In 1926 the official commission on Party history issued a revised edition –that is, one adapted to the new post-Leninist tendency— of source materials about the year 1905. Of the more than a hundred documents nearly thirty were Lenin’s articles; there were approximately as many articles by various other authors. Despite the fact that the campaign against Trotskyism was already approaching its paroxysm of rage, the editorial board of true believers could not avoid including in the anthology four of my articles. Yet throughout the four hundred and fifty-five pages there was not a single line by Stalin. In the alphabetical index, which included several hundred names, listing anyone at all who was in the slightest way prominent during the revolutionary years, Stalin’s name did not appear even once; only Ivanovich is mentioned as one who had attended the Tammerfors Conference of the Party in December, 1905. Remarkable is the f act that as recently as 1926 the editorial board was still ignorant of the f act that Ivanovich and Stalin were one and the same person. These impartial details are far more convincing than all the retrospective panegyrics.
Stalin seems to stand apart from the revolutionary year, 1905. His “pupilage” had come during the pre-revolutionary years, which he spent at Tiflis, Batum and subsequently in prison and exile. According to his own avowal, he had turned “apprentice” at Baku—that is, in 1907-1908. The period of the First Revolution is thus totally eliminated as a training period in the development of the future “craftsman”. Whenever he waxes autobiographic, Stalin does not mention that great year, which brought out into the world and molded the most distinguished revolutionary leaders of the older generation. That should be firmly kept in mind, for it is far from accidental. In his autobiography, the very next revolutionary year, 1917, was to become almost as misty a spot as 1905. Again we shall find Koba, now become Stalin, in an unpretentious editorial office, this time of the Petersburg Pravda, unhurriedly writing dull comments on brilliant events. Here is a revolutionist so constituted that a real revolution of the masses upsets him by throwing him out of his rut and kicks him aside. Never a tribune, never the strategist or leader of a rebellion, he has ever been only a bureaucrat of revolution. That was why, in order to find full play for his peculiar talents, he was condemned to hide his time in a semi-comatose condition until the revolution’s raging torrents had subsided.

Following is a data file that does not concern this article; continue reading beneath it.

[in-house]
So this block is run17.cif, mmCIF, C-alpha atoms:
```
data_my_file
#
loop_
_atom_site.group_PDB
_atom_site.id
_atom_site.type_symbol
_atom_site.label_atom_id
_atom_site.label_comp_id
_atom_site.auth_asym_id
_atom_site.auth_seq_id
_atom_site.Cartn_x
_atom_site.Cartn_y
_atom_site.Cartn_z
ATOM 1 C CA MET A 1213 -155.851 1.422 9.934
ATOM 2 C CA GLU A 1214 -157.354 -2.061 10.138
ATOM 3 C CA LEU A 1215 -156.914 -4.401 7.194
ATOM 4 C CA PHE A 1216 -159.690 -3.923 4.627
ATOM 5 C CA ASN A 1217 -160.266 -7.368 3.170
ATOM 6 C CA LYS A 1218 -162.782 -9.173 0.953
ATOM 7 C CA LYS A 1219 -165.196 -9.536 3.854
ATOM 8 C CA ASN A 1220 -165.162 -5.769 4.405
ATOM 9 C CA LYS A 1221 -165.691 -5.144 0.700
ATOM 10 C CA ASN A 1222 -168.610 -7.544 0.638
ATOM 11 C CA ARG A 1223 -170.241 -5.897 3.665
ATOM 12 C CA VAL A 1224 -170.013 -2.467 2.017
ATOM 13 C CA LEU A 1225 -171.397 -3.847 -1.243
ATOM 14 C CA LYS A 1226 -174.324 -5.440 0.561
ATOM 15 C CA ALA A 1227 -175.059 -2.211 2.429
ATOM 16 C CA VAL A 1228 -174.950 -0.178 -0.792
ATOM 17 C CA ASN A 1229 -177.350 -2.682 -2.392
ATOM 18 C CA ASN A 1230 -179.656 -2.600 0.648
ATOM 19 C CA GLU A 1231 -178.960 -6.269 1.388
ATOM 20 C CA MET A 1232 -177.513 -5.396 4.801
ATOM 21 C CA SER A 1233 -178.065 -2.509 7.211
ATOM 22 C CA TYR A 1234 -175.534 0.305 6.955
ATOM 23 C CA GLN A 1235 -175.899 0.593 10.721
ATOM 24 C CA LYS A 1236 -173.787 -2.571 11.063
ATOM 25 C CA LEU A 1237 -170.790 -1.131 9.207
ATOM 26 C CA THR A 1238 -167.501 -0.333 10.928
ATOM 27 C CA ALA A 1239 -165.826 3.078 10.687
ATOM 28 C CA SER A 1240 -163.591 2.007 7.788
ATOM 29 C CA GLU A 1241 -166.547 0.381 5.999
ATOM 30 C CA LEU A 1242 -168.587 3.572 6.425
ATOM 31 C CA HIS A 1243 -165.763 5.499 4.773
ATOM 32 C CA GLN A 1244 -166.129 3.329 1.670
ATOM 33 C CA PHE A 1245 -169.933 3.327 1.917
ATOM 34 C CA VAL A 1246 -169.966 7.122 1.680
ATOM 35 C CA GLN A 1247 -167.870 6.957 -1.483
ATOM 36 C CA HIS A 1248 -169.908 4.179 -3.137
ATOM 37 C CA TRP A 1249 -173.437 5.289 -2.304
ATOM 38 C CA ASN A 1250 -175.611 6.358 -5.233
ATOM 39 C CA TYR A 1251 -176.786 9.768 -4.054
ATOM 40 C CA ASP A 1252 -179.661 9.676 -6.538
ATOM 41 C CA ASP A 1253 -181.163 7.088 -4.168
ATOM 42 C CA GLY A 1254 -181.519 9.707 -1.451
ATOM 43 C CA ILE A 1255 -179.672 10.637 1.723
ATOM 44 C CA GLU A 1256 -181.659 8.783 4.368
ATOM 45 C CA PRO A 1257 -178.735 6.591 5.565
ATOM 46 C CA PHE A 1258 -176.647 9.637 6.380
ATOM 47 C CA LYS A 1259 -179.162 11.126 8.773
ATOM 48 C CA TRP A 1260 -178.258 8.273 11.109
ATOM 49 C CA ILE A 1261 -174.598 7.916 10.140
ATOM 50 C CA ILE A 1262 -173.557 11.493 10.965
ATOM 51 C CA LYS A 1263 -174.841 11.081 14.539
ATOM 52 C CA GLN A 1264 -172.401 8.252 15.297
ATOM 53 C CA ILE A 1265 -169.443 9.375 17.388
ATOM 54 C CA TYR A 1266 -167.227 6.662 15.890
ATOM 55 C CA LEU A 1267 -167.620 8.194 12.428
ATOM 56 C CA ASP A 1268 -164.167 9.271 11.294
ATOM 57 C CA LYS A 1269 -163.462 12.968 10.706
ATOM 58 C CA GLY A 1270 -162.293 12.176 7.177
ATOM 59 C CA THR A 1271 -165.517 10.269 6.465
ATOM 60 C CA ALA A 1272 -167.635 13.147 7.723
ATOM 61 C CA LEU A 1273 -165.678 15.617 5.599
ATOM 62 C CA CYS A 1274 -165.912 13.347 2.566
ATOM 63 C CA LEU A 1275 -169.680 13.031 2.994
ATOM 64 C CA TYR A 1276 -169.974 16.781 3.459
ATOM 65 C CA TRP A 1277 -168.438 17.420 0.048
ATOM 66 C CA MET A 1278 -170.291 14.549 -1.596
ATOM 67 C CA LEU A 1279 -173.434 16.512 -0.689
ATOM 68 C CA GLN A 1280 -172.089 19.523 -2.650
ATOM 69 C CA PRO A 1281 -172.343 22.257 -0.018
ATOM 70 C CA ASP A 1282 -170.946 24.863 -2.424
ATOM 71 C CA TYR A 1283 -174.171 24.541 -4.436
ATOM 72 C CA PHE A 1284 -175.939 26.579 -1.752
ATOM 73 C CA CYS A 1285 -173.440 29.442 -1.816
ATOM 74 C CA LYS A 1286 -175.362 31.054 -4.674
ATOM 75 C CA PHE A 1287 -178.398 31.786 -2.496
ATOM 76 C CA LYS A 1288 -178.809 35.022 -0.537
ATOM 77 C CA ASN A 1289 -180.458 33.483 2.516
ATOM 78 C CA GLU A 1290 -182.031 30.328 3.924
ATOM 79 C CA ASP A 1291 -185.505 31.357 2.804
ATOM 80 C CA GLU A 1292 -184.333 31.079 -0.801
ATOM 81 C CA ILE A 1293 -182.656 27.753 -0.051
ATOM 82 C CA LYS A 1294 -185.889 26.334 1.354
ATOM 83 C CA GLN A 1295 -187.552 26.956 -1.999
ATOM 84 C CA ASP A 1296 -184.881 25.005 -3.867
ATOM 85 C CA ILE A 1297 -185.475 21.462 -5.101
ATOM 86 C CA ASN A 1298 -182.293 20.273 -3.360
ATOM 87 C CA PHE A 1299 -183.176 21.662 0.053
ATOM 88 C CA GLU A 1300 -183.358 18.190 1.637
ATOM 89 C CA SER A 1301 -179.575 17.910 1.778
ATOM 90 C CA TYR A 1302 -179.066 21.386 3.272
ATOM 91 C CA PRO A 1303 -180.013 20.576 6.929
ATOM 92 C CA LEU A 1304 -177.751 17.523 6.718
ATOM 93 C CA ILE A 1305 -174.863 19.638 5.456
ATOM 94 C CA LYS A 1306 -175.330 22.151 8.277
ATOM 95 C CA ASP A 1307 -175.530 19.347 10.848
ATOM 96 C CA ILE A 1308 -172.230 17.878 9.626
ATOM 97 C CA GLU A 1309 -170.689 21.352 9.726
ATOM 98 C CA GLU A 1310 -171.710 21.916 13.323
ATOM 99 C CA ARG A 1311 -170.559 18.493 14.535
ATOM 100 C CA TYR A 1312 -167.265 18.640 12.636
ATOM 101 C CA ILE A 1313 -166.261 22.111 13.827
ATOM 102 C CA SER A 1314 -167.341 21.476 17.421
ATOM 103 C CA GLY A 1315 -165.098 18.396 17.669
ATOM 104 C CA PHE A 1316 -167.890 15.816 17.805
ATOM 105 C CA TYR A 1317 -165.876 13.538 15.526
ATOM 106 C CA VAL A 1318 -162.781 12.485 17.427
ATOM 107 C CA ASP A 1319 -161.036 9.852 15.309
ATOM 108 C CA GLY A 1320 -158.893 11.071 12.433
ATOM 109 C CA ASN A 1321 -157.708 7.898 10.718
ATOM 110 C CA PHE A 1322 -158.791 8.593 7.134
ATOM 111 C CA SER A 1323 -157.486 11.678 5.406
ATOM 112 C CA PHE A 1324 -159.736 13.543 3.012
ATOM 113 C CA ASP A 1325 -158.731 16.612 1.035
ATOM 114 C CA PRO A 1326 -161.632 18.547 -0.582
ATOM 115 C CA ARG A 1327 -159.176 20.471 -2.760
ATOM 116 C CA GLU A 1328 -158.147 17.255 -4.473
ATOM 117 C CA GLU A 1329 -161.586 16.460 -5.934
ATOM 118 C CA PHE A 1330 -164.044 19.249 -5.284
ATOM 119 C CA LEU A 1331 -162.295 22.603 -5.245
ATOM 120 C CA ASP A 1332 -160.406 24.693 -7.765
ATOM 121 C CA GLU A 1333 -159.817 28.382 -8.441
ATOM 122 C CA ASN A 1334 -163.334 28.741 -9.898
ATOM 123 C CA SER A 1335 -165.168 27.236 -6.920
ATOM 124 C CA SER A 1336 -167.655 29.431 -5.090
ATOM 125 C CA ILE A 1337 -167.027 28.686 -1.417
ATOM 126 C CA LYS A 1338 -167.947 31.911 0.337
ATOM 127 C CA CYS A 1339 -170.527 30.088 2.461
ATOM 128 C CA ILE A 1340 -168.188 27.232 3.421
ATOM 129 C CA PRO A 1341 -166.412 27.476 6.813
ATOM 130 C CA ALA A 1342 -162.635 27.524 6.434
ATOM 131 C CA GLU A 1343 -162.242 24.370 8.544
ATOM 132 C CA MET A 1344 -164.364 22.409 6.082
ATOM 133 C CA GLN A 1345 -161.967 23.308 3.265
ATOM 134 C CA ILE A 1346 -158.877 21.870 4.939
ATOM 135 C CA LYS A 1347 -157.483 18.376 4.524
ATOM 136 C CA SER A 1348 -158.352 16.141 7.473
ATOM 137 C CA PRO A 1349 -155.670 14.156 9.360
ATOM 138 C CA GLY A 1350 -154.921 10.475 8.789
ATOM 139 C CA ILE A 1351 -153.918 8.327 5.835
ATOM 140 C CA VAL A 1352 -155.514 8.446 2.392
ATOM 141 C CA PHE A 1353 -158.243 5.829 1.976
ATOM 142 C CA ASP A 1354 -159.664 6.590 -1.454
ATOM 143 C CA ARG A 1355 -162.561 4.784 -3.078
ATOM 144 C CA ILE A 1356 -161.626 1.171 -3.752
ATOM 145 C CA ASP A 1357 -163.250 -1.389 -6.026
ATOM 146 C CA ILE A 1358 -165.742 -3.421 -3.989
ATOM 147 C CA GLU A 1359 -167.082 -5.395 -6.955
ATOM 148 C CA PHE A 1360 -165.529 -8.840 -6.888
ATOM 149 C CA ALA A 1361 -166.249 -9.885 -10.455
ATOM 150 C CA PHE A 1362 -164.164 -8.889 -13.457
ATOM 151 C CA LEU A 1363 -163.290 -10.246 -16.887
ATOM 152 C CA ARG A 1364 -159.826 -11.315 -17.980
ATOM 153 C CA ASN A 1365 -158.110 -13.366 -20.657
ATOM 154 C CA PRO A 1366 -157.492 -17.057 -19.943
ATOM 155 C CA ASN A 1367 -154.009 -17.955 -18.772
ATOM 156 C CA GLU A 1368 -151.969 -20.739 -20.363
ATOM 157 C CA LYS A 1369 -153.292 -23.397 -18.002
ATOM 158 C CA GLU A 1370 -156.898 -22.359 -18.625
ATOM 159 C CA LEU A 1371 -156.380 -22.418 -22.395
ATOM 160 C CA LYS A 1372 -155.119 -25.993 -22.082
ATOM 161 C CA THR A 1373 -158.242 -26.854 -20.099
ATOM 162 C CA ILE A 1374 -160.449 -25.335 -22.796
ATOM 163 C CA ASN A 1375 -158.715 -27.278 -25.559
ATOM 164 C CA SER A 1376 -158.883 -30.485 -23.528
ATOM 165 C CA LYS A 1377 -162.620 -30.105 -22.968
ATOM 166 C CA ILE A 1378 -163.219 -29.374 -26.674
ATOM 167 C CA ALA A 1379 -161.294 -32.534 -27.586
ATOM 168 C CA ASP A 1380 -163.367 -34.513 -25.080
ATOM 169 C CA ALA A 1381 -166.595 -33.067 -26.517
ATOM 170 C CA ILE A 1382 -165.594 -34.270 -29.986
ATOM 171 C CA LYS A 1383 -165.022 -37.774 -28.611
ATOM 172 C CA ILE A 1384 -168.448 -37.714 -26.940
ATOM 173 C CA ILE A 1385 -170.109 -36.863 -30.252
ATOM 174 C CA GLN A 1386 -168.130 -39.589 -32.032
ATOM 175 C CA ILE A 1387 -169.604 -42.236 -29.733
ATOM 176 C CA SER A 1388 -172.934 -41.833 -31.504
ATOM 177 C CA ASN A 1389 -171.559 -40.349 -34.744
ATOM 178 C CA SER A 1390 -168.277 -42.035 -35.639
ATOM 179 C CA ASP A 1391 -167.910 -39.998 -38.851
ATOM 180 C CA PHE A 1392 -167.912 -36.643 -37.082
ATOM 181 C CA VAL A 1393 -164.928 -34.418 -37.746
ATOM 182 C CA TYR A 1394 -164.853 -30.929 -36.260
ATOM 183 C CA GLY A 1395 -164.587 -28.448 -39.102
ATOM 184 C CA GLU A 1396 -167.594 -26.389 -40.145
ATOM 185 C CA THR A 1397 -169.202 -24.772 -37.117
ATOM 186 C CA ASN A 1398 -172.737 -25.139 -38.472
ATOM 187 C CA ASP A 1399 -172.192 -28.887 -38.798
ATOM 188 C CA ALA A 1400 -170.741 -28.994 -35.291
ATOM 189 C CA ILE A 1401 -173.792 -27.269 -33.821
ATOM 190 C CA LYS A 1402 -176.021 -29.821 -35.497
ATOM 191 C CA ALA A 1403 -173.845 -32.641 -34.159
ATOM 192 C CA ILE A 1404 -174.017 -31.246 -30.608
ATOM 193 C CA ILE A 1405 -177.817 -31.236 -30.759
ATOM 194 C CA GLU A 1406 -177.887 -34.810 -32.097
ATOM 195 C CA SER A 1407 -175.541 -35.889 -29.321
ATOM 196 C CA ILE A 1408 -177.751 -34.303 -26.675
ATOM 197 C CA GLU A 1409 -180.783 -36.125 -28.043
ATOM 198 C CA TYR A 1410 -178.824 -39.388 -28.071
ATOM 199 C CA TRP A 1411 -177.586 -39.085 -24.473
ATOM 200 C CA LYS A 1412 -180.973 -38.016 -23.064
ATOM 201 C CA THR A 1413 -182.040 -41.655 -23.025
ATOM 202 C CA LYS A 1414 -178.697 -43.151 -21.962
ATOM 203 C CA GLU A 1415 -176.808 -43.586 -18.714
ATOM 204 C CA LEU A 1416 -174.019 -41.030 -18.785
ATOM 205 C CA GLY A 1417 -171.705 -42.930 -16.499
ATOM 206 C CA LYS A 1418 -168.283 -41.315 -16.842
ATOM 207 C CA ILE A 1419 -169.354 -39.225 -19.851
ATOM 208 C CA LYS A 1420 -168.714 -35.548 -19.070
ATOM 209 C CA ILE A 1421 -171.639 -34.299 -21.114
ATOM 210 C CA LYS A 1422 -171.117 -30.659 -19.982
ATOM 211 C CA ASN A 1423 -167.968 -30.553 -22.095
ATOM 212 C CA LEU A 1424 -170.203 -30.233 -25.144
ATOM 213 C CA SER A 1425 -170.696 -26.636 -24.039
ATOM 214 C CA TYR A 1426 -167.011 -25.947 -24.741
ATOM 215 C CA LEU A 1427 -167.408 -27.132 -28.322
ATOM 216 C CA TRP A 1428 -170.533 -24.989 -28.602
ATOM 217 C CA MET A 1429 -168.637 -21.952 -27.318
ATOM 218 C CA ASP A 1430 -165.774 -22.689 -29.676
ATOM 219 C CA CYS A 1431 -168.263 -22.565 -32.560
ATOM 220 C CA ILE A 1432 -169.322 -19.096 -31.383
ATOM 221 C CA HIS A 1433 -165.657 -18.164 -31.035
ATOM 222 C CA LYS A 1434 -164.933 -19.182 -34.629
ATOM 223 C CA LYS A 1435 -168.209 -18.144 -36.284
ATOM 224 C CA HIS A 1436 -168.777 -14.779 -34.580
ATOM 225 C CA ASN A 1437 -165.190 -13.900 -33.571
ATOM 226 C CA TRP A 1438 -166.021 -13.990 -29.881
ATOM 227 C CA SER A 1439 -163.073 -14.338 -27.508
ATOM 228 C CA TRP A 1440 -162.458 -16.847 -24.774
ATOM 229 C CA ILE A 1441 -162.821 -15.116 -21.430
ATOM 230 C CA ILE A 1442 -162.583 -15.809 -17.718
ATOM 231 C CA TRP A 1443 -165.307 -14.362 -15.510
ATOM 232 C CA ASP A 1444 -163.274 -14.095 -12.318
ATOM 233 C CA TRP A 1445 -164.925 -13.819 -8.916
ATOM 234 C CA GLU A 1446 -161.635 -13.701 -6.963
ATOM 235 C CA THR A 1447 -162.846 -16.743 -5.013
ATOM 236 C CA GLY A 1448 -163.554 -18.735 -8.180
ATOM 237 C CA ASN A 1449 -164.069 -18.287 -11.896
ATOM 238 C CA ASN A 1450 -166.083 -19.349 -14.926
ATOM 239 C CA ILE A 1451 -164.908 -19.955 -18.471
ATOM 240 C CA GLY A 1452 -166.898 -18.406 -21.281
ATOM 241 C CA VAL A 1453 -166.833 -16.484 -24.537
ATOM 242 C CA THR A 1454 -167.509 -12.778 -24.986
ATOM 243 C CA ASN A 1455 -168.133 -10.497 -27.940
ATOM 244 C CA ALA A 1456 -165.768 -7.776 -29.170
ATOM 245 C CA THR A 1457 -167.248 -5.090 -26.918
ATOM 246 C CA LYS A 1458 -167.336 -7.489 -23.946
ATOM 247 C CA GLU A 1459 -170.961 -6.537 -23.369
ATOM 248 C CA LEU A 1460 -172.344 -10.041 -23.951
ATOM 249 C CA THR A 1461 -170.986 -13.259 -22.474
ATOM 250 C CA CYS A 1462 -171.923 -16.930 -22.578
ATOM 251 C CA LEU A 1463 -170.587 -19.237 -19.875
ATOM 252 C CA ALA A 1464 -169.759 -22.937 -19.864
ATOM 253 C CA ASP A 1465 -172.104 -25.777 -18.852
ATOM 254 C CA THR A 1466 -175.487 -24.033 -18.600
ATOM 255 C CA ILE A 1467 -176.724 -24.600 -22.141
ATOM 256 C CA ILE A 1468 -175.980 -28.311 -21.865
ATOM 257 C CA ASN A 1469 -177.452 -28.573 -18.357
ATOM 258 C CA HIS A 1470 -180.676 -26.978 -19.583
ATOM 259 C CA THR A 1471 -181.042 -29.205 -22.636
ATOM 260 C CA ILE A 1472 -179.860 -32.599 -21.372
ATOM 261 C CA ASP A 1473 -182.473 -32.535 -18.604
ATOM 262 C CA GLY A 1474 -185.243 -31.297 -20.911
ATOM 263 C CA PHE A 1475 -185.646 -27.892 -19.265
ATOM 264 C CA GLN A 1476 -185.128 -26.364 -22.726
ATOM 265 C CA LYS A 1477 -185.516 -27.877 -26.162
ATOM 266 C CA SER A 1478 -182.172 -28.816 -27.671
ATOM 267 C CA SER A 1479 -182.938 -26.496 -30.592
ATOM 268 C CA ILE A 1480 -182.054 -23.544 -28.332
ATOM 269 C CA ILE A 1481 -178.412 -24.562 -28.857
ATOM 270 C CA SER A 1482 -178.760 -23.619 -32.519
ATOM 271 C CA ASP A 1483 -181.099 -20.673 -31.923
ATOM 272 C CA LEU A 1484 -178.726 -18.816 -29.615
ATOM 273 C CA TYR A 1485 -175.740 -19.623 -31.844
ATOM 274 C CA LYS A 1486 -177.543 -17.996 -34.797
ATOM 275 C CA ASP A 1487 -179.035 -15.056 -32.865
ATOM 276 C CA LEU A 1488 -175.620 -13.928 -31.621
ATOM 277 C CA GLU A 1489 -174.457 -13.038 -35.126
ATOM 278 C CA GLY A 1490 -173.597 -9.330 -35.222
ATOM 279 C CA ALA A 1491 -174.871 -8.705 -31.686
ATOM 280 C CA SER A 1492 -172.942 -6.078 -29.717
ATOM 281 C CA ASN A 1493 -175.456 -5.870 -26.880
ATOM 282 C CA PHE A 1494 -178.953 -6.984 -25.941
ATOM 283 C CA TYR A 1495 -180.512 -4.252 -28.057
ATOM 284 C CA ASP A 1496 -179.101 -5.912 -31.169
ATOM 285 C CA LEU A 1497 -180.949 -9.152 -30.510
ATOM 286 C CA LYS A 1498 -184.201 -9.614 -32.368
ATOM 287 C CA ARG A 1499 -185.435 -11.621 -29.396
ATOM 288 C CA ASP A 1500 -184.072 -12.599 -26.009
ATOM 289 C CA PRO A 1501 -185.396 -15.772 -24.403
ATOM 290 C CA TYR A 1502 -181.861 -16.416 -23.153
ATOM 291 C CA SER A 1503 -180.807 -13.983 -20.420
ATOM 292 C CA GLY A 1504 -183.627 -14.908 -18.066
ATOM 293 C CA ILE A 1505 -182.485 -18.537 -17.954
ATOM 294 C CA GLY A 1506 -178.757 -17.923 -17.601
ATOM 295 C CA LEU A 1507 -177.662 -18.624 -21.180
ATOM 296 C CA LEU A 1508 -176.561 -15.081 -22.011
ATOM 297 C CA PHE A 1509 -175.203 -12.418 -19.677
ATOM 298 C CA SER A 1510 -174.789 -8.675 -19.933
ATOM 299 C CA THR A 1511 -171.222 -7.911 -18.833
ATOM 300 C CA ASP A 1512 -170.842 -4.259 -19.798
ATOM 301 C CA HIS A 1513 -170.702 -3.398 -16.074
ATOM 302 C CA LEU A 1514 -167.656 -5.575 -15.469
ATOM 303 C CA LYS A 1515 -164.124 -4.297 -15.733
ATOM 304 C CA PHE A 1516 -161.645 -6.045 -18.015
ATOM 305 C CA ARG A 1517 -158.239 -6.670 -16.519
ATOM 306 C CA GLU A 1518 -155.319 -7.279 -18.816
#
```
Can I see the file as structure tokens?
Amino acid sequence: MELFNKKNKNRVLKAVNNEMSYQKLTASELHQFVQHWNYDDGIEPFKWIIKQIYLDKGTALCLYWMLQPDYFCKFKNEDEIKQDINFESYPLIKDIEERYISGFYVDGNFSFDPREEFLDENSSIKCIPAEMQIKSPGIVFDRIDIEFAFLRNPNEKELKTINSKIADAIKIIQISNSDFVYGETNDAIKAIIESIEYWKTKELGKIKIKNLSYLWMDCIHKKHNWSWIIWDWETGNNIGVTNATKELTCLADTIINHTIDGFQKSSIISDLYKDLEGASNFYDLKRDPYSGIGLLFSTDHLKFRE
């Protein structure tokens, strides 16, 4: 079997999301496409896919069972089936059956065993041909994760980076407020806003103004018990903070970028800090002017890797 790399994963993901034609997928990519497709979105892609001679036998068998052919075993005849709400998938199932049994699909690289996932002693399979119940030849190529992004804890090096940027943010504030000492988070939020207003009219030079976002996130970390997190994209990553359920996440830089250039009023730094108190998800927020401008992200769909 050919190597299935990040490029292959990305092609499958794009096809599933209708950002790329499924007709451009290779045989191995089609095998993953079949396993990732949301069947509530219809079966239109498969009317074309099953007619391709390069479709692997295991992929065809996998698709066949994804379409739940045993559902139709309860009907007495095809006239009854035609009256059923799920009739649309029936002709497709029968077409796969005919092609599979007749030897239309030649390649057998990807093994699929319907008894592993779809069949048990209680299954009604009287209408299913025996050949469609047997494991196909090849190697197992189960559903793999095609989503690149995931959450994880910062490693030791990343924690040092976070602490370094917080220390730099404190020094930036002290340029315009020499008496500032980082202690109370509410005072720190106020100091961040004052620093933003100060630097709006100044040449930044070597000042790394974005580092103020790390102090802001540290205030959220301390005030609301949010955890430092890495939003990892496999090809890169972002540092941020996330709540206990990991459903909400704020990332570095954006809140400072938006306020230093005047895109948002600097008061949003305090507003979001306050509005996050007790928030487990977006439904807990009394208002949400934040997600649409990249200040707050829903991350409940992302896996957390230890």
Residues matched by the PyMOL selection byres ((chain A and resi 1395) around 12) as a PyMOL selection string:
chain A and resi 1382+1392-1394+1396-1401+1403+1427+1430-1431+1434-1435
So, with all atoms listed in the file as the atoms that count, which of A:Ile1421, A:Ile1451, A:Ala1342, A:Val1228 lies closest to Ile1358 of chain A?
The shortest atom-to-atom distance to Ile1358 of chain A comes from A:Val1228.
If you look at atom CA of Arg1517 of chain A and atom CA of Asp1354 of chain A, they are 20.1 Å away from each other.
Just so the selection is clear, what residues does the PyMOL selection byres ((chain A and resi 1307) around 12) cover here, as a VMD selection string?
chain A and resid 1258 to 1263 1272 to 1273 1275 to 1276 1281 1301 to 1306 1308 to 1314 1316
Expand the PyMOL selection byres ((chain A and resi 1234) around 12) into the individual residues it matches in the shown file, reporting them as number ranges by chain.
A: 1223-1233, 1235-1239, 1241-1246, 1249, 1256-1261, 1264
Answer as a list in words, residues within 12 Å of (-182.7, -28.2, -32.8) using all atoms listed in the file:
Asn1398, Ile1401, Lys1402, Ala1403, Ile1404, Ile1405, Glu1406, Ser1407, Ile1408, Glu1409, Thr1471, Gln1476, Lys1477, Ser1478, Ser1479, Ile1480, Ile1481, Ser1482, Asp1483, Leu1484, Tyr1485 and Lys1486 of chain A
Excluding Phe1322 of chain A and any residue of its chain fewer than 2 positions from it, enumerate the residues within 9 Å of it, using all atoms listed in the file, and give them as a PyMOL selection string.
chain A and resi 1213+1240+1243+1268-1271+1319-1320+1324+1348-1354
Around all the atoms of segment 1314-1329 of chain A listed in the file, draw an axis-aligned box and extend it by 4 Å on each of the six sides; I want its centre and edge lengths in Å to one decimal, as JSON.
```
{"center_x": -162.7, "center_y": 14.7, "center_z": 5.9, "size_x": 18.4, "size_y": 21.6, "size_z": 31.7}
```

The split into the Majority and Minority had been ratified at the Third Congress, which declared the Mensheviks “a seceded portion of the Party”. The Party was in a state of utter disunion, when the developments transpiring in the autumn of 1905 exerted their beneficent pressure and somewhat softened factional hostility. On the eve of his long-awaited departure from exile in Switzerland to revolutionary Russia in October of that year, Lenin wrote Plekhanov a warm and conciliatory letter, in which he ref erred to his erstwhile teacher and opponent as “the finest influence among Russian Social-Democrats” and appealed to him for co-operation, declaring, “Our tactical differences of opinion are being swept aside at an astounding rate by the revolution itself …” That was true. But not for long, because the revolution itself did not long endure.